Review: 84th Academy AwardsWritten by James A. Molnar | The Gold Knight | email@example.com
Billy Crystal was back and better than ever? Not quite, but this reviewer was pleased with most of the ceremony.
Five stars could be given to the ceremony alone for the “In Memoriam” video package and performance by Esperanza Spalding and the Southern California Children’s Chorus. The moment was perfect, classy and exactly what it should be. (You can also download the song and the Oscars soundtrack.)
Sprinkled throughout the ceremony were tributes that “Celebrate the movies in all of us,” along with some very funny presenters and segments.
The cast of “Bridesmaids” lived up to its expectations. Chris Rock was edgily funny. Will Ferrell and Zach Galifianakis were also hilarious.
The pacing of the show also seemed to be move along smoothly.
The set design was beautiful — kudos to John Myhre. The graphics were spot on. Cirque du Soleil’s tribune to the movies was also well done, with acrobats swinging around the theater formerly known as the Kodak.
What didn’t work
Those microphones! Whatever the technical glitch, it was strainingly hard to hear what Crystal was singing and saying during his opening. (The orchestra on the other hand sounded fantastic. Kudos to music directors Hans Zimmer and Pharrell Williams.)
The main microphone on stage was also picking up feedback — or at the very least, it made a reverberating echo that also took away from the show.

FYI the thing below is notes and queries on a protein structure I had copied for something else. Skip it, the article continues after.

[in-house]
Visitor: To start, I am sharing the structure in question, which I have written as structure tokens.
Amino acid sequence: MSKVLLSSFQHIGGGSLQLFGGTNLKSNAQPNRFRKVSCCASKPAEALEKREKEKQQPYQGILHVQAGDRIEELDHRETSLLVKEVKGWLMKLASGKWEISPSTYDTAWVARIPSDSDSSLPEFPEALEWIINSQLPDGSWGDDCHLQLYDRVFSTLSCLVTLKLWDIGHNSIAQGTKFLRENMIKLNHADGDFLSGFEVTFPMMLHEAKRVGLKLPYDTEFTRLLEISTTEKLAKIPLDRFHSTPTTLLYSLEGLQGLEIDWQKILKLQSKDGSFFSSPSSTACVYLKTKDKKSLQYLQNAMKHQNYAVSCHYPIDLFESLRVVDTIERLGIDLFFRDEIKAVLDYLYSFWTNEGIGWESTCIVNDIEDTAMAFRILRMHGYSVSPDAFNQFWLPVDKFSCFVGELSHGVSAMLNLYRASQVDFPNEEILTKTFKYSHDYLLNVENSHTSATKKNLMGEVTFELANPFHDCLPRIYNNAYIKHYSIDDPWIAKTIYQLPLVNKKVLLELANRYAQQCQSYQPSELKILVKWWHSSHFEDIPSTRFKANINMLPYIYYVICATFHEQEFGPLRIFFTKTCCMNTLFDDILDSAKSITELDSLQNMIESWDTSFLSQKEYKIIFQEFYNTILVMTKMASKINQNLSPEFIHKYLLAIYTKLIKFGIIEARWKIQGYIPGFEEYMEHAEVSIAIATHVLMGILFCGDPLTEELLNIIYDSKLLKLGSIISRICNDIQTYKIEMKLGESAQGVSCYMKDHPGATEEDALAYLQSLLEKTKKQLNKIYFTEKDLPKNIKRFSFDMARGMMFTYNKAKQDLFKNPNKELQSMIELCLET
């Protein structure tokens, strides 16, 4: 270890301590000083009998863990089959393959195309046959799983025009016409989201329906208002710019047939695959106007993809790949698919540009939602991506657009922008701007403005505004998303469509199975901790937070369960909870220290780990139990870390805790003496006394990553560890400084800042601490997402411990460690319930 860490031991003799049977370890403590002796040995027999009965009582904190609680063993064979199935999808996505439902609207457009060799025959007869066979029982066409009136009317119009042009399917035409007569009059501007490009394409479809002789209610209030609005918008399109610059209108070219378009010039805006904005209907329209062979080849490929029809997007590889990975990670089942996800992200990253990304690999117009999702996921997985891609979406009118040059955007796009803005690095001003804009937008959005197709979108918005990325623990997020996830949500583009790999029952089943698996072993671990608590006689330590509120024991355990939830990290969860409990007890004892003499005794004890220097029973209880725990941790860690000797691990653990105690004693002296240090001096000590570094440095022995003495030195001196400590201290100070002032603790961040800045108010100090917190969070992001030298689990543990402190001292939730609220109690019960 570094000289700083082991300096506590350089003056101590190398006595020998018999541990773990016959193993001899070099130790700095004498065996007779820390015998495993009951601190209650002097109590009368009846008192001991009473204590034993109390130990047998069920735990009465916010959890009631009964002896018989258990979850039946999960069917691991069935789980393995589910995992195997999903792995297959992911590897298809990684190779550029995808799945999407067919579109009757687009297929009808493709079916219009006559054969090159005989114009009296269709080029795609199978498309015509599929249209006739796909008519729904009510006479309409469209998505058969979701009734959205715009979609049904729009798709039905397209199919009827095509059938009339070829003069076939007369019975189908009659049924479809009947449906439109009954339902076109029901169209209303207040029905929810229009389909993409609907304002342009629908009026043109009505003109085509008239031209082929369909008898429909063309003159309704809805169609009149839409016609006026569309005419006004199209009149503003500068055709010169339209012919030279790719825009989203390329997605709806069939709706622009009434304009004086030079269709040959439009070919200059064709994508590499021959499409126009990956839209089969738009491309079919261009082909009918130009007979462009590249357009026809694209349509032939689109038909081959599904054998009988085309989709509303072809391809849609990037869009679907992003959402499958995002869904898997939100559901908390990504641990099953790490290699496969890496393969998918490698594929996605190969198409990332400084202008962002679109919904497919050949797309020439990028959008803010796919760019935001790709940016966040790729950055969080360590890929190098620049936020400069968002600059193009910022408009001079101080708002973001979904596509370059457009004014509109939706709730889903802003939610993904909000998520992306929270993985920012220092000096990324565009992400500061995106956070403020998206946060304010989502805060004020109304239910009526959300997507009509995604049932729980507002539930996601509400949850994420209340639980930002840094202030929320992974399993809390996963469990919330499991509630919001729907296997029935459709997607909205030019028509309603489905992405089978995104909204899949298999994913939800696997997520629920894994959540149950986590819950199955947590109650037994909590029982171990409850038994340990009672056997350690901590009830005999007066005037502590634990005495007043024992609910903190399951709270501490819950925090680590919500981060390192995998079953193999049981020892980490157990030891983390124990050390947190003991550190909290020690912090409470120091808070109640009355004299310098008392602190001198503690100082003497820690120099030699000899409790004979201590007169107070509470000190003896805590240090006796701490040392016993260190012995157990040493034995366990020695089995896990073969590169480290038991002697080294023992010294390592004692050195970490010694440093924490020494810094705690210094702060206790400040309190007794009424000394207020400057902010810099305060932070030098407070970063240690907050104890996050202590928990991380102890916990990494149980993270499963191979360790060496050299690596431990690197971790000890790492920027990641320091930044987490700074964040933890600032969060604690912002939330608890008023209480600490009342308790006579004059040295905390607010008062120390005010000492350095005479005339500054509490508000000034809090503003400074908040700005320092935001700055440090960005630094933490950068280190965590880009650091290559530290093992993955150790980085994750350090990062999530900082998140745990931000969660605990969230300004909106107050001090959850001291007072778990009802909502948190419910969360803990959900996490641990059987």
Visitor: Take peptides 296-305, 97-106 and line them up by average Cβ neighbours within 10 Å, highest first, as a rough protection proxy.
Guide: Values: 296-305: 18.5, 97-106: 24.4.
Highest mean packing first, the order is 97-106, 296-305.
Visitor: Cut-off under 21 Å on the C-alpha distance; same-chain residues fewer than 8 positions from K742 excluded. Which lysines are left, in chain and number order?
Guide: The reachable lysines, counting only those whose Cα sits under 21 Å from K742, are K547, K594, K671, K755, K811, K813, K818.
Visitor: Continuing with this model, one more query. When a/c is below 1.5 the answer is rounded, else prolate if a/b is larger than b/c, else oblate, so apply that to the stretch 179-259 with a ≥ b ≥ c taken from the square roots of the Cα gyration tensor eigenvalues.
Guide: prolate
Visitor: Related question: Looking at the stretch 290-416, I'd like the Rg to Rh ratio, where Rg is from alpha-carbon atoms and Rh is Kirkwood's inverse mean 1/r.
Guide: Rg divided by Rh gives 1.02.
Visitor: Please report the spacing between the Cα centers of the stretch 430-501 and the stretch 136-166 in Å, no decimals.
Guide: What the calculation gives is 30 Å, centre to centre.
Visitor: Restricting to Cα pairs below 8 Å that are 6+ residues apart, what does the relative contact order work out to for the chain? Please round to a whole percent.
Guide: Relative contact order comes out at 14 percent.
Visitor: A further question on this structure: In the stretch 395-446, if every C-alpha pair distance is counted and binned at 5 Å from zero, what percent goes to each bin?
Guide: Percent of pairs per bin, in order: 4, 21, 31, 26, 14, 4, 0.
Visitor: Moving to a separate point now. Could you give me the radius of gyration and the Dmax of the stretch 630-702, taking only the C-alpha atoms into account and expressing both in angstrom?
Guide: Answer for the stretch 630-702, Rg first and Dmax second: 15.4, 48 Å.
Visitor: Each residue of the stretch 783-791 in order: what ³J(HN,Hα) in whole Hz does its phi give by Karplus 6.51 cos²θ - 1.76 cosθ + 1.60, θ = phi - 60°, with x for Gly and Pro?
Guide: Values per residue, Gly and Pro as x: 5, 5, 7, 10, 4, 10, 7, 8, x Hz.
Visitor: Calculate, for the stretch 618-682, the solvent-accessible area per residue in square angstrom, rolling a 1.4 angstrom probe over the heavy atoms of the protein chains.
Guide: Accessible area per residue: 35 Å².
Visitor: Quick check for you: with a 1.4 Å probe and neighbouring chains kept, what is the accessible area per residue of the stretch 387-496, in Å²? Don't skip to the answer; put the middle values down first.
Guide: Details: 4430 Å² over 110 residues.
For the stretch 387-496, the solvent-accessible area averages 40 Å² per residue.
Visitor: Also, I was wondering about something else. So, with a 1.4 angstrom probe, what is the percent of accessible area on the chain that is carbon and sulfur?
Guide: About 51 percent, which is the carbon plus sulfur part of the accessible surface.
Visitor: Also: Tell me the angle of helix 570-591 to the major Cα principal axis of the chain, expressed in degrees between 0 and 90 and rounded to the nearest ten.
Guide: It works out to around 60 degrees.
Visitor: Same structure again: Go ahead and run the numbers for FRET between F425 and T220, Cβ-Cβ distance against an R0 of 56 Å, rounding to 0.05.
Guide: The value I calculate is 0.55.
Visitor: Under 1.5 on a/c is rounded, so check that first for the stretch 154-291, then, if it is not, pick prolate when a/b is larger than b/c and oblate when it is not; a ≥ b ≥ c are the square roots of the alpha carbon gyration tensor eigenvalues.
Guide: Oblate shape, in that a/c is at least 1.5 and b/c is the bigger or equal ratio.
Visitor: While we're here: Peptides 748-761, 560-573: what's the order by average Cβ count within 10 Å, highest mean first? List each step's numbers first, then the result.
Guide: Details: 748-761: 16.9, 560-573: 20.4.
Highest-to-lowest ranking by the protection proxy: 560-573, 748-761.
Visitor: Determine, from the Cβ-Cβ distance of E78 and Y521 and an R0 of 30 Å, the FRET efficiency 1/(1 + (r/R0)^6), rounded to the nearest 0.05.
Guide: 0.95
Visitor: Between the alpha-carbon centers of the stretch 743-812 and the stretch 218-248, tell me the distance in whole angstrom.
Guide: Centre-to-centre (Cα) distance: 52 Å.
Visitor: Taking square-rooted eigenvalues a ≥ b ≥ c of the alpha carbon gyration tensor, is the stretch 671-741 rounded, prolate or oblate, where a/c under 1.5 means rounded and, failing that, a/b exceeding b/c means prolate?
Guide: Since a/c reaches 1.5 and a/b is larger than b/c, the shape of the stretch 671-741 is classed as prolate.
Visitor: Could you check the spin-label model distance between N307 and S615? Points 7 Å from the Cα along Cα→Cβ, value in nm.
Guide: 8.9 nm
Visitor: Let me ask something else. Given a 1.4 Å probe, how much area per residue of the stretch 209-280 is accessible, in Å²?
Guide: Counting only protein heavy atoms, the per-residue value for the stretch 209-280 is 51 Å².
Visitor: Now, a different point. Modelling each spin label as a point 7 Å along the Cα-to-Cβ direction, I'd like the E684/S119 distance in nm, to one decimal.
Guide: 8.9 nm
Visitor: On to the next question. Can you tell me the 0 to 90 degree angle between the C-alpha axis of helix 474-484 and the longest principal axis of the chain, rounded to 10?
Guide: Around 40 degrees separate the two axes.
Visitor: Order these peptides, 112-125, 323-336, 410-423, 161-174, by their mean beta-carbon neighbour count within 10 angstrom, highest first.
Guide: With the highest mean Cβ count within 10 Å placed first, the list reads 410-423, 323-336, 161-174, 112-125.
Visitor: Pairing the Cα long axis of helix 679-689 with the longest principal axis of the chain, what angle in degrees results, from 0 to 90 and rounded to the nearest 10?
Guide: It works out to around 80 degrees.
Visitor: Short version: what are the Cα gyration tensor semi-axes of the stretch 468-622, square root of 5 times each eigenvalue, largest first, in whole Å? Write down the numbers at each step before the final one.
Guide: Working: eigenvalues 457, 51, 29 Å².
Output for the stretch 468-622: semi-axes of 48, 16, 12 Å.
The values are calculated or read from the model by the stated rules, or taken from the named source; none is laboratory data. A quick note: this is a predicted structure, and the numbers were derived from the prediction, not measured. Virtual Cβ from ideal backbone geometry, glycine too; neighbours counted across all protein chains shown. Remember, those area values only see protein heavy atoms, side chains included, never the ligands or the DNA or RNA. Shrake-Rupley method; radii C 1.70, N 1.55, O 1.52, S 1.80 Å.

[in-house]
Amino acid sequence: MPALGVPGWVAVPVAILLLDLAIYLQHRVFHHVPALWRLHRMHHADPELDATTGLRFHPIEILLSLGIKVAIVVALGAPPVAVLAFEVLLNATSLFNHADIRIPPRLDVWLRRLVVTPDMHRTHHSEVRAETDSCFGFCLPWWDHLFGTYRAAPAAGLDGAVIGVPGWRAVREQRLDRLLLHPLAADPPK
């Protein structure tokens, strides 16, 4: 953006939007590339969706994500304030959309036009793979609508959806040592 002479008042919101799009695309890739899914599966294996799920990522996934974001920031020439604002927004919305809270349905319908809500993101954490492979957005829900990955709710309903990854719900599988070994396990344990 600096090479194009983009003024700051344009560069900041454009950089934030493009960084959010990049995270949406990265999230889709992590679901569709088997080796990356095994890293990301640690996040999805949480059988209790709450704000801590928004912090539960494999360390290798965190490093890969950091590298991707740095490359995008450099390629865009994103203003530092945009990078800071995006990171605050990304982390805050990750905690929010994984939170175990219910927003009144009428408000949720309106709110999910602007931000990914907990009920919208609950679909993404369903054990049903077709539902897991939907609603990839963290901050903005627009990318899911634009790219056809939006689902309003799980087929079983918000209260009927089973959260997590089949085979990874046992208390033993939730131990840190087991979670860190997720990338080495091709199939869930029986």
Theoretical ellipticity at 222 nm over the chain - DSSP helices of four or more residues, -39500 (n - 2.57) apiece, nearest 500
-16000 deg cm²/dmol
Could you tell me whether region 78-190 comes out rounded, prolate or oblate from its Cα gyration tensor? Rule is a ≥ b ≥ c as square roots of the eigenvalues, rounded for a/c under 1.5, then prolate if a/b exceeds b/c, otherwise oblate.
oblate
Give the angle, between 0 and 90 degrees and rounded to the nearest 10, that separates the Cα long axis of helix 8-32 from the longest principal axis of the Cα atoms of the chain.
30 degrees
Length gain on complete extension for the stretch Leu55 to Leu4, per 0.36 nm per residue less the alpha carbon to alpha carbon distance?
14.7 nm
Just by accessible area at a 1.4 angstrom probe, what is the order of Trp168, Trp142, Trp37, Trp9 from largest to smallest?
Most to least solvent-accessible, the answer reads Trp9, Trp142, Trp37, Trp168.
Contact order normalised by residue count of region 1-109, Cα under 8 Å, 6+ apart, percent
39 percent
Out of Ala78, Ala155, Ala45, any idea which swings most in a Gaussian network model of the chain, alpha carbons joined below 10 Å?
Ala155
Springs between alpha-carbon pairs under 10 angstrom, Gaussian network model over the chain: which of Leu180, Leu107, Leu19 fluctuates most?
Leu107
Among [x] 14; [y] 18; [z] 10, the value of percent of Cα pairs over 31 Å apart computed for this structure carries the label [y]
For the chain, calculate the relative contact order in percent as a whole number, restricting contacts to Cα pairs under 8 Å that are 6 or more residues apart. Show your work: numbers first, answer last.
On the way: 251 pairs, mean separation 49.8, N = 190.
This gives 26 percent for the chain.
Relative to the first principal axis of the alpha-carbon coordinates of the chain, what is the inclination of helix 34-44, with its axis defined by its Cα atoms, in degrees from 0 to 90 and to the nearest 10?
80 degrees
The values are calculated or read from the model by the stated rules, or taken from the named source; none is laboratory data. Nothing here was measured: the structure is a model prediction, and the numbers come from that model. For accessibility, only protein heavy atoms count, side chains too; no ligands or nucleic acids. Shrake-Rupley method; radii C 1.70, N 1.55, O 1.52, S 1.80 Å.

Typically, Oscar Night is known for its technical prowess and precision. Whatever happened, it is too bad, because it took away from the overall show.
What producers can’t change
Yes, the announcement of the winners was not as compelling as years past, but you cannot fault the show’s producers for that.
The technical categories always take a lot of heat for being boring, but it is this recognition during the show that sets the Academy Awards apart from other ceremonies.
Whether the general membership should vote for some of the technical categories — for which it may not be qualified — is another post for another day.
The speeches, which the producers cannot directly shape, can sometimes be uninspired and monotonous. Sunday night’s speeches were a mixture of bland and emotional. With 24 different categories, audiences should expect a potpourri of emotions, shock and speechlessness. Expecting incredible speeches is mostly a setup for failure.
While not living up to my favorite ceremony of recent years — the 81st Academy Awards with Hugh Jackman — by itself, the show did what the Oscars do best: it honored the movies. One could argue 2011 was not the best year at the movies, but the Academy Awards dealt with the nominees its voting members selected the bet way it could.